Examples from Kongō’s history show what it looks like in action. During the Meiji restoration of the late 19th and early 20th centuries, the pro-Shinto authorities cracked down heavily on Buddhist practices, threatening the company’s traditional core business. Kongō Gumi responded by diversifying into commercial and residential construction, a winning move in a country that was modernising so quickly.
When the firm’s 37th leader Huruichi Kongō committed suicide in the interwar Shōwa depression, his widow Yoshie took the helm, breaking 1,300 years of uninterrupted male leadership. Faced with extreme financial pressure, she instituted key western-influenced reforms like separating managerial from practitioner roles.
Yoshie also found an ironically lifesaving new revenue stream during the Second World War, building wooden coffins. Even in the late 20th century, the business continued to adapt when circumstances required, becoming the first to use computer-aided design and concrete in traditional wooden temple construction. It was only when the Japanese property crash of the late 1980s saddled Kongō Gumi with unsustainable debt - at a time when donations to temples were also drying up rapidly - that the company finally faced a situation it was unable to survive.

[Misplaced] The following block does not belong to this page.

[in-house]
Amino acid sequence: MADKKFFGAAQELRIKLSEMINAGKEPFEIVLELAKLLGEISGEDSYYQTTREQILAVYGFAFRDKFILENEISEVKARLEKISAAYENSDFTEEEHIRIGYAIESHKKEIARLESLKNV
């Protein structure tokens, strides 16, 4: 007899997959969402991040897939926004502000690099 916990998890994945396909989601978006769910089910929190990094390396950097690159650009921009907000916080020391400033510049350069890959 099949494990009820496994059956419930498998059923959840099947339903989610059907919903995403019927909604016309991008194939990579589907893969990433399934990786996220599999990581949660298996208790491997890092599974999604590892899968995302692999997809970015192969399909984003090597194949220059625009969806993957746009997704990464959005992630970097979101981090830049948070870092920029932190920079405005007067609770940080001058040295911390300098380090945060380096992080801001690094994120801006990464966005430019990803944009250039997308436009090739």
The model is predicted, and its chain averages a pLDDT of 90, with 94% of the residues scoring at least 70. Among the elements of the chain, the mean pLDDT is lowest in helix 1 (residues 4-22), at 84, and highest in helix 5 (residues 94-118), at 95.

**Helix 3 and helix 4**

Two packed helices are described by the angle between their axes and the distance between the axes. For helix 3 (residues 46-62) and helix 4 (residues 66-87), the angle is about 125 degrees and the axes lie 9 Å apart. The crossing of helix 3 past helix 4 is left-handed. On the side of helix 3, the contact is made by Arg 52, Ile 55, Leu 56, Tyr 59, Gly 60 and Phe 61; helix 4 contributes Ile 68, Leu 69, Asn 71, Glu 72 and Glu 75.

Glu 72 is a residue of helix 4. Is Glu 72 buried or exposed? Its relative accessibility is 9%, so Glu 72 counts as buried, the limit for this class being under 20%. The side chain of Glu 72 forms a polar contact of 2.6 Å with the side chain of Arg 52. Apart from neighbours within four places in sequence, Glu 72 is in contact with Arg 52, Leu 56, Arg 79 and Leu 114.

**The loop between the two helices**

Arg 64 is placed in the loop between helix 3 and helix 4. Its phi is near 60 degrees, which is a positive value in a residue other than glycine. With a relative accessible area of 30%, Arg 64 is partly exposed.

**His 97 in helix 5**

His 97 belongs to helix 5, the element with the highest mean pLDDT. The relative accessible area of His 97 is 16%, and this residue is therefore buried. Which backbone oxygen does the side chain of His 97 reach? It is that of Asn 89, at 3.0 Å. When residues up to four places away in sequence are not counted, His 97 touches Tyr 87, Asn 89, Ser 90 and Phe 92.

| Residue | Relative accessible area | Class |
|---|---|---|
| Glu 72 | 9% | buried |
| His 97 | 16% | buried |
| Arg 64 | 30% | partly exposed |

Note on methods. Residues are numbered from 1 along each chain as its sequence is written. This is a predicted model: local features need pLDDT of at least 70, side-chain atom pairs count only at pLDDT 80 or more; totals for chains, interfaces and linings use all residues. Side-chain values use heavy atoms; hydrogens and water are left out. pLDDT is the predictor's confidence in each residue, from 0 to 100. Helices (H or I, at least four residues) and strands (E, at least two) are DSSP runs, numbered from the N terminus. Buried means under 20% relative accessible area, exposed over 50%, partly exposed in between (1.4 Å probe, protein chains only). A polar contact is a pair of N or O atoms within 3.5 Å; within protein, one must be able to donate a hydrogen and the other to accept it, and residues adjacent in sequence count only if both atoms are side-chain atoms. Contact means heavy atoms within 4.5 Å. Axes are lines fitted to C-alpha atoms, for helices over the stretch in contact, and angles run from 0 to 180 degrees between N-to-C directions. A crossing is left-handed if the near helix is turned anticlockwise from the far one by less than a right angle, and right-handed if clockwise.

What do agile organisations do differently?
What these episodes had in common was that Kongō Gumi’s leaders recognised major threats and opportunities, understood how important they were and what changes they required, and acted swiftly and decisively in response. Each of these is a skill that can be developed both in individuals and organisations, as we explored in our recent guide to agility.
Seeing opportunities and threats requires no special prescience. It primarily comes from keeping your head up and being alive to external trends and events. People miss things when their heads are down in their day-to-day tasks. Agile firms give the space for people to look around for threats and opportunities because they have a clear focus on their long-term purpose and vision.